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Firehouse Medics Valley Firefighters Take Greater Role Responding To Medical Emergencies

When David Fredericks called for help after hurting his wrist last Saturday at Roller Valley Skate Center, he didn’t expect a fire truck to respond.

But when he walked out the front door of the skating rink, he discovered the men helping him had arrived in a shiny red truck with an extending ladder.

“I thought it was kind of odd to bring a big truck out there,” Fredericks said.

The scenario is common throughout the Spokane Valley Fire District. Medical calls have steadily increased over the last several years. So far this year, 62 percent of the calls received by Valley Fire have been for medical aid.

The flood of medical calls created a gap that needed to be filled, said assistant chief Karl Bold. The district responded by improving its medical training.

“There was a demand and we met it,” he said.

The trend is consistent among urban fire districts nationwide, Bold said. Stricter fire safety codes have resulted in fewer fires. This year, only 8 percent of the calls for Valley Fire have involved fires. Structure fires have accounted for only 4 percent.

The district responds to about one fire call a day, and about half of those are for pole, garbage, vehicle or other non-structure fires.

“People are more fire safe, buildings are more fire safe and the codes are stricter,” said Larry Herberholz, paramedic division chief. “There also are not a lot of tall or old buildings in the Valley anymore.”

Bold also attributed the decrease in fire

calls to the district’s fire prevention program, which provides safety inspections and teaches fire safety units at Valley elementary schools.

“I think it’s finally starting to pay us dividends,” Bold said. “Our fire calls are way down from what they were a few years ago.”

So are Valley Fire dispatchers sending fire trucks out on medical calls so the trucks don’t collect dust? That’s not the case, fire officials said.

When an emergency call comes in, Valley Fire dispatches the vehicle closest to the place where help is needed. Because Valley Fire has eight fire trucks and just two paramedic trucks, the vehicle that responds to the call is most often a fire trucks.

The goal is to have emergency personnel on the scene within 4 minutes, Herberholz said. But if they are not the first out, paramedic trucks and ambulances are usually on the scene within 8 minutes.

The district’s 20 paramedics work in pairs on the paramedic trucks and by themselves on some of the fire trucks.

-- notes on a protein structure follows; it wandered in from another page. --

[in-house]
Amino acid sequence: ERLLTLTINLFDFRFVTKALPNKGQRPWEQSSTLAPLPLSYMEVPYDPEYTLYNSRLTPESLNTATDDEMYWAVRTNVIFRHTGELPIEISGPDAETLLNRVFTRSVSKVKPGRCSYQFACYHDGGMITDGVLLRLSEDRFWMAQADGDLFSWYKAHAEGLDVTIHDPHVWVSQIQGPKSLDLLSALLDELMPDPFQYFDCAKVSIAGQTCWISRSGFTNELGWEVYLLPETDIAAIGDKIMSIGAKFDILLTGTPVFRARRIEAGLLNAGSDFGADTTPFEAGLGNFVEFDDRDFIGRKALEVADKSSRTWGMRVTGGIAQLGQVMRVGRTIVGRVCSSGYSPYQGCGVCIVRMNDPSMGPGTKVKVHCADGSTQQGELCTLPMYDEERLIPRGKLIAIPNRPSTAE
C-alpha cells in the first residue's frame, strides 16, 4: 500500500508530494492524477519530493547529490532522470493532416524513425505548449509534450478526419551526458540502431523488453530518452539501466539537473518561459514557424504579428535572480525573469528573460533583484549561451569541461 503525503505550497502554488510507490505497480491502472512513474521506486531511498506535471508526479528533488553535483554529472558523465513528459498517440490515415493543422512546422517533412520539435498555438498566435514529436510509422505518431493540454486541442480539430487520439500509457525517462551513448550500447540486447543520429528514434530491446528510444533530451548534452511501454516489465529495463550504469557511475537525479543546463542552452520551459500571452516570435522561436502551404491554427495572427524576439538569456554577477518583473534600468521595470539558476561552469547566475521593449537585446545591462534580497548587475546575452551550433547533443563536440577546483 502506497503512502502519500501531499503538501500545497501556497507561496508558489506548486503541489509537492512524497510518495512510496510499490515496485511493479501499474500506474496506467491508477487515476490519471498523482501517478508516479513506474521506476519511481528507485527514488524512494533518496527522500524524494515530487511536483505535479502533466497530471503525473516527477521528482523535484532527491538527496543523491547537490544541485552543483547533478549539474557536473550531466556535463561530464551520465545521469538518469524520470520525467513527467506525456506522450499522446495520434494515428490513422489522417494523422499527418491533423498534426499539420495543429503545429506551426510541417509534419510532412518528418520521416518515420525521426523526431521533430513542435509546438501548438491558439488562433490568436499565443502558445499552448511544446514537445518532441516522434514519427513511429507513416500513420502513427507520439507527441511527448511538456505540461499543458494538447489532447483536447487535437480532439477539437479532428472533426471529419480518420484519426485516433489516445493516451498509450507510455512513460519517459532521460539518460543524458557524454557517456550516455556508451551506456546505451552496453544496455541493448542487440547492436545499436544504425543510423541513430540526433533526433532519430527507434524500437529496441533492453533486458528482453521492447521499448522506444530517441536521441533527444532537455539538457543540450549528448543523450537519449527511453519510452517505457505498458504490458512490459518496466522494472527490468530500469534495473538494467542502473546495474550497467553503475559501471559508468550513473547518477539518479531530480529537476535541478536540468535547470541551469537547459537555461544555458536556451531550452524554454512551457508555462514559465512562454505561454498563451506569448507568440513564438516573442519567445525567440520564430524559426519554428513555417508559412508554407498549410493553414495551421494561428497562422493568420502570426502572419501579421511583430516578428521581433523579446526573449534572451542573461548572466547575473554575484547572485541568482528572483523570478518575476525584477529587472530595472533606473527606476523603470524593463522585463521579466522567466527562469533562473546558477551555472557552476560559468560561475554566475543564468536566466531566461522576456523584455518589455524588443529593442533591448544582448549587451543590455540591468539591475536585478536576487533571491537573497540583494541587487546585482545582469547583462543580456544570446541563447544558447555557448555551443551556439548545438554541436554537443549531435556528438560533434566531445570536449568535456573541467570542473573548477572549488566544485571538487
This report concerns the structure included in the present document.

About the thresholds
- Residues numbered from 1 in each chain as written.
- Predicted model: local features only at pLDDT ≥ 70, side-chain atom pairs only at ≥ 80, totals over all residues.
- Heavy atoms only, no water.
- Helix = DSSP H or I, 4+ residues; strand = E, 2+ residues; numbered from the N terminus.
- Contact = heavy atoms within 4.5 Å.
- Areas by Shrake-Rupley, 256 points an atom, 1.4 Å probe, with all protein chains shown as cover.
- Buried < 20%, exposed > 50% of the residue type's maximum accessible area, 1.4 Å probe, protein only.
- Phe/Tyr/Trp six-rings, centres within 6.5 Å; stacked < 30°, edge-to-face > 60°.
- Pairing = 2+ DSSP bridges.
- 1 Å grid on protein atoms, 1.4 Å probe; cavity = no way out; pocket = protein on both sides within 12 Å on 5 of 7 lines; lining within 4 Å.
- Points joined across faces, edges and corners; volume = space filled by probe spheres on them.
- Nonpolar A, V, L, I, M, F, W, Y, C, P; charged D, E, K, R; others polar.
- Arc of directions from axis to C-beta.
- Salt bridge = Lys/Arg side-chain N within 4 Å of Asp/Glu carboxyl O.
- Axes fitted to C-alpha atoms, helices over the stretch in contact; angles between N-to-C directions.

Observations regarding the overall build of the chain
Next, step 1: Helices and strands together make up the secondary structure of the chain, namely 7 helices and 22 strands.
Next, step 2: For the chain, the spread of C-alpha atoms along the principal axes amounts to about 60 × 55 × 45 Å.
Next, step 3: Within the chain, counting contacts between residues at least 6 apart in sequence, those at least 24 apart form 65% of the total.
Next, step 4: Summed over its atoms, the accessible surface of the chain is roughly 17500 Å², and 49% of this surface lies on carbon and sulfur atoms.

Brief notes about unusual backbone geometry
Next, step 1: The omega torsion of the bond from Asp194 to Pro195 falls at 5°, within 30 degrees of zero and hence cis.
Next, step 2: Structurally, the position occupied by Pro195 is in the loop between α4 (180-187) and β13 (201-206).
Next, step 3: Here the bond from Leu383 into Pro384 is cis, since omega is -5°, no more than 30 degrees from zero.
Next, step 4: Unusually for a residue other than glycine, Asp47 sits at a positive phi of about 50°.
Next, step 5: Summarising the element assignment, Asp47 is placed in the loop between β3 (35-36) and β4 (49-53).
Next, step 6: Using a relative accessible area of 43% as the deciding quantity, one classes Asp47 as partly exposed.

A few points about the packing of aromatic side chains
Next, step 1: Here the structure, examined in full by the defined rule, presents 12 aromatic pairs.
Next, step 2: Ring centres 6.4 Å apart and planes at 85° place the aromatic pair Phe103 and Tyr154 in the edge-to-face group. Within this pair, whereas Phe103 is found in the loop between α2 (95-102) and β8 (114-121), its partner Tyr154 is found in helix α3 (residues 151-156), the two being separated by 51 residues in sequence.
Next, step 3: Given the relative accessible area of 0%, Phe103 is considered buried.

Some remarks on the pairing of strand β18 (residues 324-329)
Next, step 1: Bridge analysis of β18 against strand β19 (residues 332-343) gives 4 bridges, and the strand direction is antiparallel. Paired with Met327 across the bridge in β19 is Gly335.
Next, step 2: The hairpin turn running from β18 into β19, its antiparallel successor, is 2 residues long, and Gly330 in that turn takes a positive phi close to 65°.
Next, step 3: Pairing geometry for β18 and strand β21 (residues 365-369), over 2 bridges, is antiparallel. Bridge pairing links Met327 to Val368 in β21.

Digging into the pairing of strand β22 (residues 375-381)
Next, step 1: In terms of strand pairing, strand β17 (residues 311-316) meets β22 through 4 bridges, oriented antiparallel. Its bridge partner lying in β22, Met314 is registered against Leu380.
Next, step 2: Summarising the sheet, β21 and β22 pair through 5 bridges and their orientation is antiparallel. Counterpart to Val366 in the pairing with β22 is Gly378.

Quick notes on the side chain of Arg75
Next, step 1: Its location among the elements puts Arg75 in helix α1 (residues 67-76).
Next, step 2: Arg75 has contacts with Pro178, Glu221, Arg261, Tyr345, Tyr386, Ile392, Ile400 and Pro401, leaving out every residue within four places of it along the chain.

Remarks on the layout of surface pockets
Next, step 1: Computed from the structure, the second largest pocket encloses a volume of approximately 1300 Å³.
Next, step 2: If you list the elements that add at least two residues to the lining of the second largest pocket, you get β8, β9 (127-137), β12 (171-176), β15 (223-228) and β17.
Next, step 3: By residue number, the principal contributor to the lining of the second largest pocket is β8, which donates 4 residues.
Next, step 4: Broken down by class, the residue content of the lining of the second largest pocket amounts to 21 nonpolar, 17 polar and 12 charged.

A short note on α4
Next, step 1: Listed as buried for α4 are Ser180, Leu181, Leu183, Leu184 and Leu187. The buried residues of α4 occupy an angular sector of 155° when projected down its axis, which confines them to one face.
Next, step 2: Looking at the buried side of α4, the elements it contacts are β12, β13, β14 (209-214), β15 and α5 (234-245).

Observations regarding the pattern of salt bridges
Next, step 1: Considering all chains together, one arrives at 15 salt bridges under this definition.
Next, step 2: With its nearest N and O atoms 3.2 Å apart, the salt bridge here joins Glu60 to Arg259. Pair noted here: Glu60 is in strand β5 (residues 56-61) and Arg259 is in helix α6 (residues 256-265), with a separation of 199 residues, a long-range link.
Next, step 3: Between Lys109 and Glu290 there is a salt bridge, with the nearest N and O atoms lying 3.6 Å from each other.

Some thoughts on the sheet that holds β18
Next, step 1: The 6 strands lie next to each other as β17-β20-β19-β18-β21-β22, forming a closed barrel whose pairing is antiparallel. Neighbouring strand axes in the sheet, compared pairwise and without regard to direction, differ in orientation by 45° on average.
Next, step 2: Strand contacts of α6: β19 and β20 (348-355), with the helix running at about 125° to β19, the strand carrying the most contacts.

“If we get the first responder and paramedics on scene in a timely manner, the ambulance becomes less critical,” Herberholz said.

A Spokane Ambulance crew frequently waits for calls at Valley Fire Station No. 6 or at Valley Hospital and Medical Center, but could have to come from the city.

All of the district’s 112 firefighters are trained as emergency medical technicians. Firefighters attend classes and test their skills monthly to keep their EMT certification.

At the scene, EMTs assess the situation, gather patient history and take vital signs. They use the information to decide if paramedics are needed. The EMTs then assist the paramedics once they arrive.

When dispatchers received Fredericks’ call, a fire truck was the closest available vehicle. The truck, carrying EMTs, arrived at the skating rink within minutes to assist Fredericks. The Valley Fire EMTs only had time to gather Fredricks’ medical history before an ambulance crew arrived and treated him for a broken wrist.

If the injury is life threatening, all of Valley Fire’s trucks are equipped with automatic external defibrillator. The machines walk EMTs through the procedure for analyzing and shocking a patient’s heart if they need to perform the procedure before paramedics arrive.

EMTs are also trained to handle assisted breathing situations and deliver babies, but cannot start an IV and do not carry medications.

“EMTs can do most of the jobs,” Herberholz said. “They are doing some pretty sophisticated things on scene.”

Five more firefighters are scheduled to complete their paramedic training by the end of the year, but there still won’t be enough paramedic trucks to send to every medical call.

That means that when someone calls Valley Fire for medical aid, help will arrive in a shiny red fire truck.

, DataTimes ILLUSTRATION: Color photo



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